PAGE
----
Can Turkey be a central country for energy? - ERDAL TANAS KARAGÖL

Can Turkey be a central country for energy?

The answer to the question “Can Turkey be a central country for energy?” will directly affect the place of Turkey in the region's politics and economy.

With this awareness and taking into consideration the relationship between energy and the developments in Turkey in recent years, in the introductory panel of the “Turkey's Quest to Become a Central Country for Energy” report we prepared as the Foundation for Political, Economic and Social Research (SETA), the main issue has been, beside the energy-economy relation, the effect of energy on regional politics and the security of the region.

The growth of the energy need that progresses along with Turkey's economic growth is only part of energy policies. Yes, the Turkish economy needs energy for growth. However, having a say in regional energy policy and being a player is a bigger goal, exceeding Turkey's economic growth goal. For this, the partnerships that Turkey establishes on energy inside or outside the region are important.

In a region rich in energy resources, Turkey's need for energy has been a dilemma for years. But in the years of political and economic instability, it was not possible to use the energy advantage of the country's location. The situation is quite different now.

The political and economic situation is suitable for benefiting from advantages rather than taking over the cost of the geography in which Turkey is situated. Despite the things going on in the countries just next to it, despite the many attempts made within, Turkey did not miss the mark on the way to becoming an energy hub.

As Berak Albayrak, the minister of Energy and Natural Resources who attended the panel at SETA remarked, despite of the chaos and conflict always waiting at Turkey's door, it managed to remain politically and economically stable. That is why with the things going on in Syria and Iraq, the negative situation that was formed against Turkey cannot make Turkey give up its goal of becoming an energy center.


Turkey has always taken over and paid the cost of the region. It has a very different path ahead in energy. One of the milestones of this path is the Trans Anatolian Natural Gas Pipeline Project (TANAP) – the project that will carry Azerbaijani natural gas to Europe via Turkey. The success of this project will accelerate the process for other energy projects and make things easier.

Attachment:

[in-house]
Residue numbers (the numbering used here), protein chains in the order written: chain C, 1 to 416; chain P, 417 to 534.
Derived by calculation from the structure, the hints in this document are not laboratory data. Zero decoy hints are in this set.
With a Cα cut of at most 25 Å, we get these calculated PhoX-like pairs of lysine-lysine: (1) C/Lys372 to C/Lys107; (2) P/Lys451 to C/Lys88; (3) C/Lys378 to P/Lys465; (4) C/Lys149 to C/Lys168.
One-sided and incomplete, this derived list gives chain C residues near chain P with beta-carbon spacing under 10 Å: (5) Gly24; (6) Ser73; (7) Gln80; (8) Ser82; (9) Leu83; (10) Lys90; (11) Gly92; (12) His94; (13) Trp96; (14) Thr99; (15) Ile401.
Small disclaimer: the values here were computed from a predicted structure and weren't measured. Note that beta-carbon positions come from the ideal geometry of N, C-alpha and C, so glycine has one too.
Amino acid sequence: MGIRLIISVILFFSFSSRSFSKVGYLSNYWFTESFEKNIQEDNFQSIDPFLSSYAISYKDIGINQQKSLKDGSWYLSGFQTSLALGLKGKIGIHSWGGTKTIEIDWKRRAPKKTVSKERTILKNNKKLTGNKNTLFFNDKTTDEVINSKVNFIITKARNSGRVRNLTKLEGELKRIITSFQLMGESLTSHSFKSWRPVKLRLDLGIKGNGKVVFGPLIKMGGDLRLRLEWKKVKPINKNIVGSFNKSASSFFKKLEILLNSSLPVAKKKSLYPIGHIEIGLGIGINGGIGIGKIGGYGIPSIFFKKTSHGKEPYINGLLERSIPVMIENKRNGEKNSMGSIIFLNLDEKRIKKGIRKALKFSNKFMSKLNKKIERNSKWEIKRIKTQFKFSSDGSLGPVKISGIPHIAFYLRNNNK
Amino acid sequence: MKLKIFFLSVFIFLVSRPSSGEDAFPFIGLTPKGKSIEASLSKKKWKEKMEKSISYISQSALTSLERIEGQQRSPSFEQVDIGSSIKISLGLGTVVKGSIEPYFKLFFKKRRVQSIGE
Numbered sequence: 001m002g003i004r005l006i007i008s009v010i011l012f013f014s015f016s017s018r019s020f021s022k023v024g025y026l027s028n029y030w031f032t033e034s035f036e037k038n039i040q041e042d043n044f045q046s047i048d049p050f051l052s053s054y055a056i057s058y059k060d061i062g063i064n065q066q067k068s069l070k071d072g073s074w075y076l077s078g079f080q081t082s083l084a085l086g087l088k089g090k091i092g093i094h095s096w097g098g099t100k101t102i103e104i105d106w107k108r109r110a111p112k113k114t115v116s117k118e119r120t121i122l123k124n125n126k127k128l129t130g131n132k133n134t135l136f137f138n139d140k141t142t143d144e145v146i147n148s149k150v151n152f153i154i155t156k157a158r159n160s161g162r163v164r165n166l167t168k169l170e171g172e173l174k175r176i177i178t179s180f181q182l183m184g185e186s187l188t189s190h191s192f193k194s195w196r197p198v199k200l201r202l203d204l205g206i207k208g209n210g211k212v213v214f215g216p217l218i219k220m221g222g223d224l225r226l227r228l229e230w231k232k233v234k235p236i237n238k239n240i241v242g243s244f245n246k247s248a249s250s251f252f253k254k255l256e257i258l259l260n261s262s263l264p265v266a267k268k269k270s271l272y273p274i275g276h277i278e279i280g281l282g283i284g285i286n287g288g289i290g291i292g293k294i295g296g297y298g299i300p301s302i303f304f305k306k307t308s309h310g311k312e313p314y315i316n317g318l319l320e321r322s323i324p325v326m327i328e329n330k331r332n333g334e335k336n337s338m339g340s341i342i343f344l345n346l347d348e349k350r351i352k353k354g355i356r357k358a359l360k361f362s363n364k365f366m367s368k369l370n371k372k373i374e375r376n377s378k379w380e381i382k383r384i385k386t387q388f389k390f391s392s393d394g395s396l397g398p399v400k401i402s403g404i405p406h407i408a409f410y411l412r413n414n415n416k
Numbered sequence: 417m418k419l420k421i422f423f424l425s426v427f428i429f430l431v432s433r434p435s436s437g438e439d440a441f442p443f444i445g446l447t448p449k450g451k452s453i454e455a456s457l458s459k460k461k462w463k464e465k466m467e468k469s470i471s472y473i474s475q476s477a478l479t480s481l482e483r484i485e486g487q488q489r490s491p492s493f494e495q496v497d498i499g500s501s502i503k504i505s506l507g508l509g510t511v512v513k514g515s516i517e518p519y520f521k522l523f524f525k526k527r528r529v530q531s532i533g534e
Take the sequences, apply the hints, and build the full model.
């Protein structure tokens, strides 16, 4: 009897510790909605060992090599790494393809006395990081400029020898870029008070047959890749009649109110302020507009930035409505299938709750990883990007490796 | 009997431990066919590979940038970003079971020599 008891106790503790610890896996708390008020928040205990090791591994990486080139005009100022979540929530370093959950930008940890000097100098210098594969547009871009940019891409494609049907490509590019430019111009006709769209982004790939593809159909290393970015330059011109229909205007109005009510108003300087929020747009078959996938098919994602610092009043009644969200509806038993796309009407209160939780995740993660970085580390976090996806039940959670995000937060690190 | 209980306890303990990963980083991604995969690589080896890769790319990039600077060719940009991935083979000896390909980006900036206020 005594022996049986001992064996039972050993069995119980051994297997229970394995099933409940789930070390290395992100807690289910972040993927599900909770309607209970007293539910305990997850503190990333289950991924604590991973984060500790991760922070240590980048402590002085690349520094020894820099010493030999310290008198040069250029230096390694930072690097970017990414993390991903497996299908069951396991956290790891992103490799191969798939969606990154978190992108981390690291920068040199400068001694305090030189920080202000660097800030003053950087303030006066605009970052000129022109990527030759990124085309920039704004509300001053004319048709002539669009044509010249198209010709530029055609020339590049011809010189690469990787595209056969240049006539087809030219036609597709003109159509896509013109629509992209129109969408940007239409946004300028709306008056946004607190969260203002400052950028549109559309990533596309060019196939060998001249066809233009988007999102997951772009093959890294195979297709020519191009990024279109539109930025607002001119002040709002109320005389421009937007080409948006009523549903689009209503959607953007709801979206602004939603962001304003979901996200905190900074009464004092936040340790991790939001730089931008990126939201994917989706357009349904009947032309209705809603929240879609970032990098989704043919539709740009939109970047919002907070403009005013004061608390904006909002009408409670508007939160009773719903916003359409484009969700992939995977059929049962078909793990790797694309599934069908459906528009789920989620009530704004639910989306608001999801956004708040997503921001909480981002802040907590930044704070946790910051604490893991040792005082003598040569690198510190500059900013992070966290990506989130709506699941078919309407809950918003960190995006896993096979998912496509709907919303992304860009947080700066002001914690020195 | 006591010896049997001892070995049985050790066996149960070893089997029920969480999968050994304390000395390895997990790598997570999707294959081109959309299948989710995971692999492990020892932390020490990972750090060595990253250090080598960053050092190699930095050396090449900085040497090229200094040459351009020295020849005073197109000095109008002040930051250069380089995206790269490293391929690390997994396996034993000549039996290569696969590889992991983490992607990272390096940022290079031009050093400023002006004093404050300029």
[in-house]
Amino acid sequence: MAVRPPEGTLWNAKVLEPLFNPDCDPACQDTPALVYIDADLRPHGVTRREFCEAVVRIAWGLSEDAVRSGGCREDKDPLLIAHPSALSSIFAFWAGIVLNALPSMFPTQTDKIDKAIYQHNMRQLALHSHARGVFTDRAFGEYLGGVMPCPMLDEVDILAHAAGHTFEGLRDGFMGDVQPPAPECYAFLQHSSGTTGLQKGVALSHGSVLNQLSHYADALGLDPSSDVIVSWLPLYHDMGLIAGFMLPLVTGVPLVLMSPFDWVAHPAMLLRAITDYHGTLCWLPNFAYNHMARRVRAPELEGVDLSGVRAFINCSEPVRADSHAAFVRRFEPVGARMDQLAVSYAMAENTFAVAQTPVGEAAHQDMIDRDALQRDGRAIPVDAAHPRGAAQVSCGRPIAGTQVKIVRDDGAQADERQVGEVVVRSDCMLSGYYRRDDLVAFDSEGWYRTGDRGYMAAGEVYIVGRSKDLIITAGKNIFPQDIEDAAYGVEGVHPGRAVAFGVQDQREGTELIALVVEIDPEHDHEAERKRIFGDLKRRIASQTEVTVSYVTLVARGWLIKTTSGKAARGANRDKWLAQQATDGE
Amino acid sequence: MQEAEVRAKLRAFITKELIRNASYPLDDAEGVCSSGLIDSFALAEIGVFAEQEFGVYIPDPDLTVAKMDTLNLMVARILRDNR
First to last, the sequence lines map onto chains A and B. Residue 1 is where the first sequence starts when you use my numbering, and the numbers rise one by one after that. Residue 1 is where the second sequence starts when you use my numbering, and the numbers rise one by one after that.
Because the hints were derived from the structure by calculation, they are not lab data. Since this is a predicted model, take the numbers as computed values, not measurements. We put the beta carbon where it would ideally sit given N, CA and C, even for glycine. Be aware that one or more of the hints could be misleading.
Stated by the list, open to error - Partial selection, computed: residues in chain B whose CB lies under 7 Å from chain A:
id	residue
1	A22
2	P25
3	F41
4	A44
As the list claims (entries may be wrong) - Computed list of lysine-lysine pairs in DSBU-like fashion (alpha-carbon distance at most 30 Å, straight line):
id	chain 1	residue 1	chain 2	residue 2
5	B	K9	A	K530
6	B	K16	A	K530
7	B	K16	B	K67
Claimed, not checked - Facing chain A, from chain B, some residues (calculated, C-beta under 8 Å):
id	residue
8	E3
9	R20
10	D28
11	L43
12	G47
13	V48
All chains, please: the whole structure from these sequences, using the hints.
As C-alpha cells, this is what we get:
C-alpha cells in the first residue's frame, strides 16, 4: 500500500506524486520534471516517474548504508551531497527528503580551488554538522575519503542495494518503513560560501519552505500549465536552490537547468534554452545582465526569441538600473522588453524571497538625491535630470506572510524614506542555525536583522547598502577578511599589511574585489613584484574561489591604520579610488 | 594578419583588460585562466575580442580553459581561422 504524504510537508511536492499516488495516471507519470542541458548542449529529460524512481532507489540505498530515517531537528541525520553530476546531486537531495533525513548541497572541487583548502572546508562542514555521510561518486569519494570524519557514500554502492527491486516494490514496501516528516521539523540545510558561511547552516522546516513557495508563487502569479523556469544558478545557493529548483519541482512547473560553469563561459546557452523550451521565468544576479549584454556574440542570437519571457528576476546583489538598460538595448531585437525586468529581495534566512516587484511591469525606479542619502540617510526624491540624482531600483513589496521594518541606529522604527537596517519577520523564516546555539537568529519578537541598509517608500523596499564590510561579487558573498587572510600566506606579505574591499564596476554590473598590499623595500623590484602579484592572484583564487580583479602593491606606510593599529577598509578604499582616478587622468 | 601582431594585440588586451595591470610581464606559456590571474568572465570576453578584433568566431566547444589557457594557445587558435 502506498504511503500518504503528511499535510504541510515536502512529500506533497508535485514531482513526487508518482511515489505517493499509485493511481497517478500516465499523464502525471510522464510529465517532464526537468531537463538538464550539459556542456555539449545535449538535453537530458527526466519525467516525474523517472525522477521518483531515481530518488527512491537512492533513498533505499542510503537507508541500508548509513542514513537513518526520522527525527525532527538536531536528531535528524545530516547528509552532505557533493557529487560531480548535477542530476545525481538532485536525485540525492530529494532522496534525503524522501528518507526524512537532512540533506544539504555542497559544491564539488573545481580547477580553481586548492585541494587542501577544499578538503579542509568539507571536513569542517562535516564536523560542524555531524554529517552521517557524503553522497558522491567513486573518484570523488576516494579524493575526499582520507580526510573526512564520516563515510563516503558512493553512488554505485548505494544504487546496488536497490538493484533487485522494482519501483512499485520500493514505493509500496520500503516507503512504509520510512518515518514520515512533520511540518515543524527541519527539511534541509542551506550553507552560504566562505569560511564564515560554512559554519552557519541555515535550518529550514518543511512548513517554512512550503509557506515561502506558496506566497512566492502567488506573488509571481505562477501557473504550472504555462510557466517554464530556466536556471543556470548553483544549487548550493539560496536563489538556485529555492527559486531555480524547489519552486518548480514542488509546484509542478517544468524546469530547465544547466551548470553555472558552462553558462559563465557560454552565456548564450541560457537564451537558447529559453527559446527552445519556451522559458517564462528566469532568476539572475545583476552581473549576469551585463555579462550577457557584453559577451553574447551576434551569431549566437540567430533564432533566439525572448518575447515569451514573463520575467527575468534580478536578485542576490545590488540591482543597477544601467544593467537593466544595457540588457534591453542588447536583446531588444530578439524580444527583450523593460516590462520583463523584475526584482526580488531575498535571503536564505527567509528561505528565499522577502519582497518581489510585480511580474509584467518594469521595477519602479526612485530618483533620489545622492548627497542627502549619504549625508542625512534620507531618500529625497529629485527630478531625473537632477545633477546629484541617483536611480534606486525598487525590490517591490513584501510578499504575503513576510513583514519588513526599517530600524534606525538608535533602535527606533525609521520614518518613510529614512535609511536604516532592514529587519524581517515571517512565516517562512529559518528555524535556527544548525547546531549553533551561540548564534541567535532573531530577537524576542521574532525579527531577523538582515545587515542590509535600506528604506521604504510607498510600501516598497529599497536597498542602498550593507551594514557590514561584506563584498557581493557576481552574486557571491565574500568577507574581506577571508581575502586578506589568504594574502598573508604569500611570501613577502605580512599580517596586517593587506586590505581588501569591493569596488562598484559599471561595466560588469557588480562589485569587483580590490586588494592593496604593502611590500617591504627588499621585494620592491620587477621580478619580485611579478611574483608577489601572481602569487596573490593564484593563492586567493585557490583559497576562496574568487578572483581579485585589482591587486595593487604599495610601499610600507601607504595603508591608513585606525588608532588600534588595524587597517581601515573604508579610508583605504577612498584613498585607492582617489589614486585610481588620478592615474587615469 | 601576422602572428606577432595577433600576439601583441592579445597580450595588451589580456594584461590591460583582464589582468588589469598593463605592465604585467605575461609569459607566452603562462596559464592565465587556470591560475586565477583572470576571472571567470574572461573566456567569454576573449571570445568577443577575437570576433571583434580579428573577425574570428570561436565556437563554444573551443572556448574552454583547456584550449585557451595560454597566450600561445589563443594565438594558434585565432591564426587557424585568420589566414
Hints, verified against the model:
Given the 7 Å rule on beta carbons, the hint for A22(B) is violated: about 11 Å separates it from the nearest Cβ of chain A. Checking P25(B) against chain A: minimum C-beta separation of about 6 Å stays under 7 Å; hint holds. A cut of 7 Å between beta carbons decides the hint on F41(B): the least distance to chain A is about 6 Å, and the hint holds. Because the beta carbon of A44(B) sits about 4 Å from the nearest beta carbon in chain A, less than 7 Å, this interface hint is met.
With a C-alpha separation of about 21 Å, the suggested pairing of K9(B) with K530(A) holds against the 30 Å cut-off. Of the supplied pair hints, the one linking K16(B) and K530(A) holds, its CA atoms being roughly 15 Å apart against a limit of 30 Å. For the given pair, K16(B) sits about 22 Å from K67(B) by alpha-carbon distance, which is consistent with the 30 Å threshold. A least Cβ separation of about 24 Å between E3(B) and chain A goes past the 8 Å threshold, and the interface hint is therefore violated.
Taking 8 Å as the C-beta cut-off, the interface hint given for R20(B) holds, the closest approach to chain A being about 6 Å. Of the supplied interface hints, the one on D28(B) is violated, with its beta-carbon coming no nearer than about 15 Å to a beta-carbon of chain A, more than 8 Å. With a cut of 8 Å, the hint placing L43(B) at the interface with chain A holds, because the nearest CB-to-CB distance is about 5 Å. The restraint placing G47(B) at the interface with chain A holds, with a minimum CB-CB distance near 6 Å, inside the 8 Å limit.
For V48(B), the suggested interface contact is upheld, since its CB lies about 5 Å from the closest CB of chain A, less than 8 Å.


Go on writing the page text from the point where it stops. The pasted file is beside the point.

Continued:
Not only Azerbaijan, but also Iran, Iraq's Kurdistan Regional Government (KRG), Qatar, Turkmenistan and the East Mediterranean are the other resource countries on Turkey's way to becoming an energy center. Major projects like TANAP, which will be put into practice with these countries, will strengthen Turkey's role as a center country in energy.

Also, the countries trying to break the Russian monopoly in energy see Turkey as the way out. Especially for the countries that try to stand out in the Liquidized Natural Gas (LNG), Turkey is a strong commercial partner where they can sell LNG and it presents a safe route for the transfer of LNG.

Additionally, Turkey will not only want to take over the duty as a transition country among the countries which supply and demand energy. In this role it will be able to determine the energy prices, the countries can reach the international energy markets and provide the safety of the energy transfer. At this point TANAP stands out as a successful example for energy cooperation and partnership in the region.


The undeniable fact is that in order to be among the high-income economies, Turkey has to increase its economic growth rate and for that it has to provide energy supply security.

But also, Turkey has a mission to represent political and economic stability in the region and by means of energy to be able to establish the balance in the region.

The steps to be taken after that have significance besides Turkey's economic growth and strong politics for using the energy wealth of the region for peace and prosperity in the region.

The role that Turkey, with a border with 60 percent of the energy basin, will assume, is also a way out for the region's energy-rich countries trapped in the vicious circle of political chaos.

Turkey's becoming a center country in energy will be a driving force for establishing a new political and economic balance in the region for many years.


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